Fire dept. launches program to help patients with special needs
Binders filled with visual aids and necessary information will be created and distributed to those with special needs in an effort to make treatment easier
By Adam Silva
HANOVER, Mass. — A new public safety program is in the works in Hanover to open dialogue when medical attention is necessary.
The focus won't be solely on special needs, as it can include anyone with a unique medical problem that requires a special care plan, according to Hanover Fire Deputy Chief Jason Cavallaro. Many people have come to the fire department in the past to alert of them of their or a family member's situation.
"With this information, we can meet them, prepare for them, figure out what their needs are and train our guys in their specific issue and their specific care plan," said Cavallaro. "If by chance we end up going to their house or whatever the case may be, it will be easier for our guys to treat them."
In the past, the department has been able to set up a system on its dispatch computer that alerts them and "gets the ball rolling." After that plan was put in place, public safety department heads realized they could be doing more.
While the plan is "low sophistication" according to Cavallaro, binders would be created and distributed to those with special needs that would be predominately visual aids. Information included in the binder would be all the emergency team would need to know.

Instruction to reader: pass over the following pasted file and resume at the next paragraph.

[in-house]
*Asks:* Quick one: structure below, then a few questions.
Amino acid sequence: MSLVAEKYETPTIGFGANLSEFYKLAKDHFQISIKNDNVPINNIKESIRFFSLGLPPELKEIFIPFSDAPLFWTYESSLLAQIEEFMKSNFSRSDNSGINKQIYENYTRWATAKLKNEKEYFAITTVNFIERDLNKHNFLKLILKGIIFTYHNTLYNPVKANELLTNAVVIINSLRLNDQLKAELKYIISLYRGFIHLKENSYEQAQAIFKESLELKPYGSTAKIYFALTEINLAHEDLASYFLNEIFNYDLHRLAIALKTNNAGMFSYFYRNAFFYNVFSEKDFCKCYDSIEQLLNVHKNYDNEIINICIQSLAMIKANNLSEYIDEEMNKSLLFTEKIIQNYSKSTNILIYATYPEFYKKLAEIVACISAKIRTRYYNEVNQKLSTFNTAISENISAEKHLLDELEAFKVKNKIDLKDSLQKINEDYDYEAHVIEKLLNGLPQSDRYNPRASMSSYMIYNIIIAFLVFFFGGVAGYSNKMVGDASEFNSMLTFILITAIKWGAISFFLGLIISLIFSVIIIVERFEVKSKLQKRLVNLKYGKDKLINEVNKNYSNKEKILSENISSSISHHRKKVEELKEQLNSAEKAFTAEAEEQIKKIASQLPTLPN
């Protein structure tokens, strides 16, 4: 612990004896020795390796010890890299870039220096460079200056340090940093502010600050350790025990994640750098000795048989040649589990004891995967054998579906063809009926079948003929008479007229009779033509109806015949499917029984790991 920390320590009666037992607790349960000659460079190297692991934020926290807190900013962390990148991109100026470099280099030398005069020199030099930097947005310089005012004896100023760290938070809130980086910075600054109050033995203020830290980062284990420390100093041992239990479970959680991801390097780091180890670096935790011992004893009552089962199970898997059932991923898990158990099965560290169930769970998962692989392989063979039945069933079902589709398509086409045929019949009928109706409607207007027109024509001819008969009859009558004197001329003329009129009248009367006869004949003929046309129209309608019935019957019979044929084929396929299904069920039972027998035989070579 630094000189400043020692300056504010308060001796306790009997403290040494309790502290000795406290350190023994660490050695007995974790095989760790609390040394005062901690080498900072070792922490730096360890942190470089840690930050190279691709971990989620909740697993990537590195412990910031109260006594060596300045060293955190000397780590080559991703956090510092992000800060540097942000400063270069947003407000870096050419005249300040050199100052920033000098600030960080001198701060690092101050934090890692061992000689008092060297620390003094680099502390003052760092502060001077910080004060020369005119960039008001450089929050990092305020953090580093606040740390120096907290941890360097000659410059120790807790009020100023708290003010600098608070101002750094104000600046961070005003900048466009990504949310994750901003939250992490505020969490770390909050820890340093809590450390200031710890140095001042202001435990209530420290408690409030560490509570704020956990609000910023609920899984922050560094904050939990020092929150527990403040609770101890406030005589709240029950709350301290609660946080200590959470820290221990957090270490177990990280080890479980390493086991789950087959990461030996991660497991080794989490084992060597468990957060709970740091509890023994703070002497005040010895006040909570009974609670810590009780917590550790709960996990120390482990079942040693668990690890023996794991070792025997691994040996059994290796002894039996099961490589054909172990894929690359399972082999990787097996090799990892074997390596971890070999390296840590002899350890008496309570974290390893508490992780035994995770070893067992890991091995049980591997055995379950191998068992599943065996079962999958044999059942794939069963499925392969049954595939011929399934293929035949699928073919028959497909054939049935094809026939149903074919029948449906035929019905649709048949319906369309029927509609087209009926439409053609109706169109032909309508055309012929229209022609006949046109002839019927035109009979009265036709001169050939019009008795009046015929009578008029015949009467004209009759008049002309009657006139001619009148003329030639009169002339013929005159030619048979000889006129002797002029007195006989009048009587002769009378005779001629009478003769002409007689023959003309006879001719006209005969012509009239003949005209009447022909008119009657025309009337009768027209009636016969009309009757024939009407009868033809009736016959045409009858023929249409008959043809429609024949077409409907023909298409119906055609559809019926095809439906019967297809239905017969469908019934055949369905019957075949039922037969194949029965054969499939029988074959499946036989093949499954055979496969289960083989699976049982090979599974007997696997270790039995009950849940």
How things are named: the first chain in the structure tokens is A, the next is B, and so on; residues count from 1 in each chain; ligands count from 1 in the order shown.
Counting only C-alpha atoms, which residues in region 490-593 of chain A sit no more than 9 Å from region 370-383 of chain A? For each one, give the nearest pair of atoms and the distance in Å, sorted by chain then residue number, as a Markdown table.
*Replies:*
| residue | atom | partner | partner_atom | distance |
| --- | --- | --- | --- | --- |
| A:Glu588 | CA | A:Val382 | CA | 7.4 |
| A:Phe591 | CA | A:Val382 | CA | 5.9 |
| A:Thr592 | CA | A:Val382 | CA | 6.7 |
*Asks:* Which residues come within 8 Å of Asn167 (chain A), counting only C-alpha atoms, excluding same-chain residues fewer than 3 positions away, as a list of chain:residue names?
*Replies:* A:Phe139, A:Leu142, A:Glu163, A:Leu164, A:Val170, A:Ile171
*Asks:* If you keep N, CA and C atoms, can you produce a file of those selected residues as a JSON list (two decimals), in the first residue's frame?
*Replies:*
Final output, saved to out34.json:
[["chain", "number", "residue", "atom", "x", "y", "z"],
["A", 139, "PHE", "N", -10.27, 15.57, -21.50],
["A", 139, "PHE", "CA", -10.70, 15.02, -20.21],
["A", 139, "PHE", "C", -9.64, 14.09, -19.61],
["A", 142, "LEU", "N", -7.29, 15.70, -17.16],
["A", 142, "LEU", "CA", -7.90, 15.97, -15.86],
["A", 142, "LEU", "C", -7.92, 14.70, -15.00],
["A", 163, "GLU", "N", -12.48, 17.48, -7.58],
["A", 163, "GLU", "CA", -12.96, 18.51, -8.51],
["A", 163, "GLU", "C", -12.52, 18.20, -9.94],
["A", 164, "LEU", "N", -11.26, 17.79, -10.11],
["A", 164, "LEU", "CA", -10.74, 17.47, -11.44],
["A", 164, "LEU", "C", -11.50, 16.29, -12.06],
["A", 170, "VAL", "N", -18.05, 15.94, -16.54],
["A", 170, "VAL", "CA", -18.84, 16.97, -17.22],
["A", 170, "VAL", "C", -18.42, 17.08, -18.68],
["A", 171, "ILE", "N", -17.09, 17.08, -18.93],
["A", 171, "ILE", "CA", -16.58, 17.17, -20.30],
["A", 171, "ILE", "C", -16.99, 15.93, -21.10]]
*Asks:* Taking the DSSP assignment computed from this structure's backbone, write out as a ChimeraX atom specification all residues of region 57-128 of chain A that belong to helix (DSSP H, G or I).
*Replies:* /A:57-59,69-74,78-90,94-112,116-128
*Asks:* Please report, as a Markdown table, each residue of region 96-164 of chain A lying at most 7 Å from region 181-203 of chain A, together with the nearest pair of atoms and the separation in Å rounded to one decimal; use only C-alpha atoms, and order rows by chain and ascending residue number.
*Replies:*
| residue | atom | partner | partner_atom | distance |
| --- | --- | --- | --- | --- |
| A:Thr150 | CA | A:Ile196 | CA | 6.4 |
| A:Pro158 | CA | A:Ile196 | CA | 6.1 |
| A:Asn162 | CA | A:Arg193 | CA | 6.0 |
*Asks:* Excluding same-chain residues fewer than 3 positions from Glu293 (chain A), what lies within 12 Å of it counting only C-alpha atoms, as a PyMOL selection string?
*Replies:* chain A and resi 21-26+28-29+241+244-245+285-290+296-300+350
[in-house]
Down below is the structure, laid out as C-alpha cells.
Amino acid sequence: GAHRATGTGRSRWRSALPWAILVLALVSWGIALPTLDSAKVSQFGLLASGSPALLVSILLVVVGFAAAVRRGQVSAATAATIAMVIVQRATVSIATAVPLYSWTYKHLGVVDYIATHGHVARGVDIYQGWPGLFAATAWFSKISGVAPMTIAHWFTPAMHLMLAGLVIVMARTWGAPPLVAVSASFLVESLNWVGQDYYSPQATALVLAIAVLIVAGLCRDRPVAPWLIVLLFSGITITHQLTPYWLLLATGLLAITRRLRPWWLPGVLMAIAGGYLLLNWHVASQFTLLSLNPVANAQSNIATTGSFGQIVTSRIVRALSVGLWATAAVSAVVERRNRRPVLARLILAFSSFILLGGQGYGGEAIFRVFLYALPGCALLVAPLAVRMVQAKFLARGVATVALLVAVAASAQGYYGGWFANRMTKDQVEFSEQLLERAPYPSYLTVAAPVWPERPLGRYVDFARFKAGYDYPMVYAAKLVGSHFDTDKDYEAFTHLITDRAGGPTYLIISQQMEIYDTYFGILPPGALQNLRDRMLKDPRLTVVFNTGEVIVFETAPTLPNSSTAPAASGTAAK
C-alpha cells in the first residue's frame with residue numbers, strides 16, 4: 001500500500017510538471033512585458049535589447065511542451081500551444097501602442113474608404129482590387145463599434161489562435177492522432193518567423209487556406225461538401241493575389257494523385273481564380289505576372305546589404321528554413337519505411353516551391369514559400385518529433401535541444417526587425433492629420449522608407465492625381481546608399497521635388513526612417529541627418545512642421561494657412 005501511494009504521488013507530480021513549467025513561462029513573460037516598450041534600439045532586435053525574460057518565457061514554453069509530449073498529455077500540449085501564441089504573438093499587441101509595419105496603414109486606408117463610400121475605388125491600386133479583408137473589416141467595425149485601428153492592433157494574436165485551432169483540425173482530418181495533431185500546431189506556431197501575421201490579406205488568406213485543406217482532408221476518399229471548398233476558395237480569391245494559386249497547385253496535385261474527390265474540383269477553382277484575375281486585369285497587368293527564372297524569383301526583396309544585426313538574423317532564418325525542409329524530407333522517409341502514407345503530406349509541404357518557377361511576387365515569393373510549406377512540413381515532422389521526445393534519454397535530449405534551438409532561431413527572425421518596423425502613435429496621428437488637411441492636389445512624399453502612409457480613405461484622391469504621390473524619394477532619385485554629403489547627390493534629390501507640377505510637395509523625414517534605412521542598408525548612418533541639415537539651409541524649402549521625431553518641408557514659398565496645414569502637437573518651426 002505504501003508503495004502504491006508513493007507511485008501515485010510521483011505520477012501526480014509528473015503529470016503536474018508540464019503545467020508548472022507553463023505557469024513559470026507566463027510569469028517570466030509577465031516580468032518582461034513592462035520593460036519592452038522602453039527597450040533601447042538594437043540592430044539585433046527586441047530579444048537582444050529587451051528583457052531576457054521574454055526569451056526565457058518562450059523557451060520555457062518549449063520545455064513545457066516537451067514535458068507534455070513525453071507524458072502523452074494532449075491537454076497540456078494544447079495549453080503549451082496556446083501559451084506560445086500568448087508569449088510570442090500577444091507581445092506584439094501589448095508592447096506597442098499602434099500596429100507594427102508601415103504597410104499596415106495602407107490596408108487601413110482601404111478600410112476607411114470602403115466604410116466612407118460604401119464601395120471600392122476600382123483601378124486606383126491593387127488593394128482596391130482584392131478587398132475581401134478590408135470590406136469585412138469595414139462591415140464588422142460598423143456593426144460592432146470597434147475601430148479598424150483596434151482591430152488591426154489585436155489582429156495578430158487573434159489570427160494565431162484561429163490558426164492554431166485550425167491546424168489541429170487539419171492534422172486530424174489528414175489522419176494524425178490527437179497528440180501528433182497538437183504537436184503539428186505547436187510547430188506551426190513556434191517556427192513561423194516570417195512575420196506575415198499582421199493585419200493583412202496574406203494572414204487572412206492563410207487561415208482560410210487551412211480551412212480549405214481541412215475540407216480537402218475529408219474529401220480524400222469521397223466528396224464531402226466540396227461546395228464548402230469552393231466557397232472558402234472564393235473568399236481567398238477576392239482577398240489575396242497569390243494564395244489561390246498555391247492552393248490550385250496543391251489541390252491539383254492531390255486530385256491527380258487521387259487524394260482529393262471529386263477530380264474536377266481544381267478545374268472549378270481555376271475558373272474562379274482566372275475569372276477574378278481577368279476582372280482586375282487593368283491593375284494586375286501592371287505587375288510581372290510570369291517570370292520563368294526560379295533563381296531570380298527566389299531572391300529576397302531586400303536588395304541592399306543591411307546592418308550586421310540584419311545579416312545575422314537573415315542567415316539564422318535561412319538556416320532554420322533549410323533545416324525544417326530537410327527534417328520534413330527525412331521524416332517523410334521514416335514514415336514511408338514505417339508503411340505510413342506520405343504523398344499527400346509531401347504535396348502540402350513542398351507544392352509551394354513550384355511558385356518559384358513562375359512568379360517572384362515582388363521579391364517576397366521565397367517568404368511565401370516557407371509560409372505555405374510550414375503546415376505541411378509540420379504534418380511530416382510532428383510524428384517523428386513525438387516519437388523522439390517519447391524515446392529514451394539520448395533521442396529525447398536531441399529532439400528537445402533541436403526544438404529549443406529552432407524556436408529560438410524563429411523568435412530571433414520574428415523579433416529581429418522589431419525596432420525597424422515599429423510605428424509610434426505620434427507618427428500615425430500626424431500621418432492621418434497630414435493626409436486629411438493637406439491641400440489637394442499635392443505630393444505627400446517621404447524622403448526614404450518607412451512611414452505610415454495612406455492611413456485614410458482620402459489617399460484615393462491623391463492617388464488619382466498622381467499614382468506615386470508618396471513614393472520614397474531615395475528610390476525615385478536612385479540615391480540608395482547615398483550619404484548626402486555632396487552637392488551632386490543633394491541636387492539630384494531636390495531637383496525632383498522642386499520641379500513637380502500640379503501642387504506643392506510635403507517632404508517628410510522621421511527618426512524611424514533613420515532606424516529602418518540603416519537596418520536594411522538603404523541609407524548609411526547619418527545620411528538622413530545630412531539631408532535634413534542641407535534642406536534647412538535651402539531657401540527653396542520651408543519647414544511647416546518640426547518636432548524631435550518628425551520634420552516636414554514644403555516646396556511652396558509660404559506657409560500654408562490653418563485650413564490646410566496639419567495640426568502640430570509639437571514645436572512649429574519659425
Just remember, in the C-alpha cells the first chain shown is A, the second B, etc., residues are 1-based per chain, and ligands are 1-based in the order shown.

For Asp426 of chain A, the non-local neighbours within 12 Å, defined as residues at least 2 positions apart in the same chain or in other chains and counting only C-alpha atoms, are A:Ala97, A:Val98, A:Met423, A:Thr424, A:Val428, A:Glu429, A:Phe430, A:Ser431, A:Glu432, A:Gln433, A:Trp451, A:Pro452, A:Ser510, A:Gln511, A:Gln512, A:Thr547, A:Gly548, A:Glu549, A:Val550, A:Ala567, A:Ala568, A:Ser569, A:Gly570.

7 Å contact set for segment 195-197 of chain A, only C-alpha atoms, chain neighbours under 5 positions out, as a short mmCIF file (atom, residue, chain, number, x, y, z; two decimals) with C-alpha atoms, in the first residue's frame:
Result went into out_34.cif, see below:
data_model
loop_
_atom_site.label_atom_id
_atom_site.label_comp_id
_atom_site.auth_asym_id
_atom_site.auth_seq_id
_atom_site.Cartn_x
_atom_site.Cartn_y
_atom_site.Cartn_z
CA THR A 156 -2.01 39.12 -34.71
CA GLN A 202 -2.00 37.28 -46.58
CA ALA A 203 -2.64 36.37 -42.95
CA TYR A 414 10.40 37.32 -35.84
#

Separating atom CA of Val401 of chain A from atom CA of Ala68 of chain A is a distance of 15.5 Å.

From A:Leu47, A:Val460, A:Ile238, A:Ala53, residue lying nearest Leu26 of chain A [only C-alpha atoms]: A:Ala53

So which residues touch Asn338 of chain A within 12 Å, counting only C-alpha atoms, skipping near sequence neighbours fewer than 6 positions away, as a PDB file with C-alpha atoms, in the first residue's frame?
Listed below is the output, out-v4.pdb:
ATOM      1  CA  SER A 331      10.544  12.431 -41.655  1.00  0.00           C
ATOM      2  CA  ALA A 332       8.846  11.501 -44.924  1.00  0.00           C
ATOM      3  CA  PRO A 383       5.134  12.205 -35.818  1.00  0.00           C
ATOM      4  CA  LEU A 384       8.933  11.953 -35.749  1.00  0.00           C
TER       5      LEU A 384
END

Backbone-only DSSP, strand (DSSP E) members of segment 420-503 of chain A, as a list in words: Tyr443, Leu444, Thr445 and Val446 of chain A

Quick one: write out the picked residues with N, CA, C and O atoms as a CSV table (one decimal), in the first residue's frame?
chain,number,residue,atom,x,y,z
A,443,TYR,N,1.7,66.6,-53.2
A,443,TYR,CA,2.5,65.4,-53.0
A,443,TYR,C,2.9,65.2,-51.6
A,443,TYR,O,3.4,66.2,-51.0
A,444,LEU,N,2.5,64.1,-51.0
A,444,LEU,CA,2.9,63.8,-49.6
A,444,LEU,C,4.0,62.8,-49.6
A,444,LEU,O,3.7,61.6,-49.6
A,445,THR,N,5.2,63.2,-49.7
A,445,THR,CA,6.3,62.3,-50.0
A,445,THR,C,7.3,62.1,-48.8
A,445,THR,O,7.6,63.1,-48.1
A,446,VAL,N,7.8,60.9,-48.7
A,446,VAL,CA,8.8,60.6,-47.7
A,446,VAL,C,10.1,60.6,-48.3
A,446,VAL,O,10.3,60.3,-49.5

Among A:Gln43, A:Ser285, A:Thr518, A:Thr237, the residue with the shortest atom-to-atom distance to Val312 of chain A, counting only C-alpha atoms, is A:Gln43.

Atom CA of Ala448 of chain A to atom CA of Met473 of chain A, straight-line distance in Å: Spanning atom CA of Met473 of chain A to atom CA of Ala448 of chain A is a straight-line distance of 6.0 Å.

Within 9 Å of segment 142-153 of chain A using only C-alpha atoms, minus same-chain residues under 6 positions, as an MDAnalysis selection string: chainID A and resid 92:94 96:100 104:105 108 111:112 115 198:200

"Our dispatch would let us know that there will be someone there with a care plan and we will be looking for that," he said. "Beyond that, it can let us know other things that we need to know, such as the address is on this street, but the driveway is on another street."
The job is a continual learning process, according to Fire Chief Jeffrey Blanchard, as first responders learn from families of those in need as they are often the experts in their loved ones care.
While the program is still some time away before being implemented throughout the town, Cavallaro compares having a plan in case someone needs medical attention to having a fire escape plan in an office building.
"Not everybody would fit into this program because if someone has diabetes, for example, we have calls for diabetics all the time," said Cavallaro. "It's not something that we really need to know about. Same with seizure disorders, but there are some kids at Cardinal Cushing Center that have seizures, but one in particular doesn't get IV's. That's something we need to know about ahead of time."
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